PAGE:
Traditionally Stained Glass was made by including additives during the melting process. This is the technique that most people will recognise from the many beautiful stained glass windows in Churches, Mosques and other ancient architecture.
These days there are a few different techniques commonly used to produce an array of stained glass art.
Stained Glass (also called leaded lights)
Sheets of coloured glass are cut into smaller pieces and put together using ‘H’ profile lead, the joints between leads are soldered together and the finished piece is then puttied up to make it solid and waterproof. Perfect to create designs for windows, doors etc.
There is a vast choice of both colour and texture available in glass.
Leaded lights are usually simple forms of the same, usually rectangles or diamonds using plain or coloured glass.
Copper Foil (Tiffany Style)
Pieces of glass are cut and then the edges wrapped with an adhesive copper foil tape, then they are soldered together to create very finely detailed windows. A much more delicate effect is made compared to lead work. Suitable for smaller windows.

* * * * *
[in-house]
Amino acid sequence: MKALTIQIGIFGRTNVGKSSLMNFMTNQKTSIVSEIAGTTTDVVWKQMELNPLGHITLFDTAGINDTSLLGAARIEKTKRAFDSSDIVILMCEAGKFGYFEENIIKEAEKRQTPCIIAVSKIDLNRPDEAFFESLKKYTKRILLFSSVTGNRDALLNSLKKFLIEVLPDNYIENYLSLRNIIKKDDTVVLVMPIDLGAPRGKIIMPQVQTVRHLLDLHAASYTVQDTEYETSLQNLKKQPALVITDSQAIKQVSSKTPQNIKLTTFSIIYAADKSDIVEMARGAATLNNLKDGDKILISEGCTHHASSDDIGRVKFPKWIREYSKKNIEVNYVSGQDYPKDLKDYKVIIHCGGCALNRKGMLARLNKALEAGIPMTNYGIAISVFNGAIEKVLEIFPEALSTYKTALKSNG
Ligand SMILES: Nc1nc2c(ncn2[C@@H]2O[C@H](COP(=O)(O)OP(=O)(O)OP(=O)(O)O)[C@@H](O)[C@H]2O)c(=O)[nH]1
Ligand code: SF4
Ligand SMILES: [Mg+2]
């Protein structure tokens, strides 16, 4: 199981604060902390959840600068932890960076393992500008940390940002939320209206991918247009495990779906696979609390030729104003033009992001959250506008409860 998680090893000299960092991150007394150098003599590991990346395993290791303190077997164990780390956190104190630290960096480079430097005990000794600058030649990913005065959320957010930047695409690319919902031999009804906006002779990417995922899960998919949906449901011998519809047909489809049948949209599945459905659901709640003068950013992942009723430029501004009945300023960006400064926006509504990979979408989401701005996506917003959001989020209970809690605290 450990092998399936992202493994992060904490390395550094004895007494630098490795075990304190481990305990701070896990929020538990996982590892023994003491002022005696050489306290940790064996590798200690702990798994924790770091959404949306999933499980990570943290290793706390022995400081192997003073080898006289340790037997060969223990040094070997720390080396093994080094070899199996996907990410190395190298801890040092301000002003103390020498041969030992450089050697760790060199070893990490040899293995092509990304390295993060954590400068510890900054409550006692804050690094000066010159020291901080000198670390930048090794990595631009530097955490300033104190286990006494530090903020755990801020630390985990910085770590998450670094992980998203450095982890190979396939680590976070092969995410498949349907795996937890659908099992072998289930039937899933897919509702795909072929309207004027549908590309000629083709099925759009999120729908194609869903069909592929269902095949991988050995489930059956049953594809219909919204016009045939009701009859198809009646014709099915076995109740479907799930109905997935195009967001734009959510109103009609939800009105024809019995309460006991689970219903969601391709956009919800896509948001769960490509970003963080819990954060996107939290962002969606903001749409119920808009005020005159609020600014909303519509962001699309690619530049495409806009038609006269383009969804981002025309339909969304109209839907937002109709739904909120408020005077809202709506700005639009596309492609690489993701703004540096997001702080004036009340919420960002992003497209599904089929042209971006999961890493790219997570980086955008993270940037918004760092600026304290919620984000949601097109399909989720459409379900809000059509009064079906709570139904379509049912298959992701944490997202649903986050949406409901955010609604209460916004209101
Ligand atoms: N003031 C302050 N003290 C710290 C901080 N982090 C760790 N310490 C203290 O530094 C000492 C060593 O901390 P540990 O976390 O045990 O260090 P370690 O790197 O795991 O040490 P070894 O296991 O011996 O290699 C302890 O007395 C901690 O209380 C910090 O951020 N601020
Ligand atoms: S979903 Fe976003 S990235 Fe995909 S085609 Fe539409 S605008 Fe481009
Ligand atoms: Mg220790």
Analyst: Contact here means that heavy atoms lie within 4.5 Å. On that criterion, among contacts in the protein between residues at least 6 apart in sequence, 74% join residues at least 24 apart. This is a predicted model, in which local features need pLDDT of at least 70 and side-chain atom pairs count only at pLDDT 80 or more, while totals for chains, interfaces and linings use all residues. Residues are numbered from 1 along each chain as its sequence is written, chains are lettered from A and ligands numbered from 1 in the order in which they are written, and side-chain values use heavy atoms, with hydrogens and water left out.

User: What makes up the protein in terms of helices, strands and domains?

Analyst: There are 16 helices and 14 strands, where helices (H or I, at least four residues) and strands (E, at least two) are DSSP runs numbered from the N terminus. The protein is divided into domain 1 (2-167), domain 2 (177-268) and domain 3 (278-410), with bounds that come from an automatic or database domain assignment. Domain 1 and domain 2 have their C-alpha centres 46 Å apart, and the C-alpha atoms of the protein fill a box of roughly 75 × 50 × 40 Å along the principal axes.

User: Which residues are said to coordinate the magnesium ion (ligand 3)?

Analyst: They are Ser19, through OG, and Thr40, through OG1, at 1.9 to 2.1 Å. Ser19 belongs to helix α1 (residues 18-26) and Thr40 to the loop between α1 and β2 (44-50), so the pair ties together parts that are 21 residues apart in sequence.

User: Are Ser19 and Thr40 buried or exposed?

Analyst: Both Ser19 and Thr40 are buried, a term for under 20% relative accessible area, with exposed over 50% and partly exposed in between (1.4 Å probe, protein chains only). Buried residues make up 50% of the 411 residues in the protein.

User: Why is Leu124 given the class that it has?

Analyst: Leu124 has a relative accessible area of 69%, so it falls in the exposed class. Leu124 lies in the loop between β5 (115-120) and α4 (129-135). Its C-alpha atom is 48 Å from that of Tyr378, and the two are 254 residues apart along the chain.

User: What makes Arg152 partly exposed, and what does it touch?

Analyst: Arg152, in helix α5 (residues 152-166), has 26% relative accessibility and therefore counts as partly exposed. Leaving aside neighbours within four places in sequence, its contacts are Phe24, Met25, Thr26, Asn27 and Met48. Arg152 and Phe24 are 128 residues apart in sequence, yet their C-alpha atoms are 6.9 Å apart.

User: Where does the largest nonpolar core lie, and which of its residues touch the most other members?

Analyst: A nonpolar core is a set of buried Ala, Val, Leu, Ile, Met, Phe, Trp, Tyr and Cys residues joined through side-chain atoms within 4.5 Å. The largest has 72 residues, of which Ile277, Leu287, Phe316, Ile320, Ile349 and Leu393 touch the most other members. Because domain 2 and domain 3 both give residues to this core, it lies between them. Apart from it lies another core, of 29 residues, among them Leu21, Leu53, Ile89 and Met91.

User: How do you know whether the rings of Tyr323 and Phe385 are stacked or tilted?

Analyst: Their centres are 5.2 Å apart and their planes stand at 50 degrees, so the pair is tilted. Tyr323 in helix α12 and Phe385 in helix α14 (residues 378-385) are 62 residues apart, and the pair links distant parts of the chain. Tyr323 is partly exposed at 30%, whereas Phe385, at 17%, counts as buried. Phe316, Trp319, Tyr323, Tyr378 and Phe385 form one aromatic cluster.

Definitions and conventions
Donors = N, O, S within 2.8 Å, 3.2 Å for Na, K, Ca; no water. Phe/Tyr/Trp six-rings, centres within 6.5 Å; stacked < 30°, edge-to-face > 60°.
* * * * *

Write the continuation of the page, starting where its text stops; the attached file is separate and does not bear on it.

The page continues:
Fired Painted Glass
Very finely ground glass mixed with a medium so that it can be applied with a brush onto sheet glass. After painting the glass is then fired in a kiln up to temperatures of around 600 degrees. A matt coat is then applied, allowed to dry and then scratched or scrubbed back to allow light through and create shading where needed and then fired again. A third firing is required for any added colour. The finished piece or pieces are inserted into a design using either lead or copper foil.
Clear or coloured glass is sandblasted to give an opaque effect. Where a resist is used it creates a clear effect on an opaque background (or vice versa). Very suitable for putting house numbers on door fanlight windows or as an alternative decoration in a stained glass panel.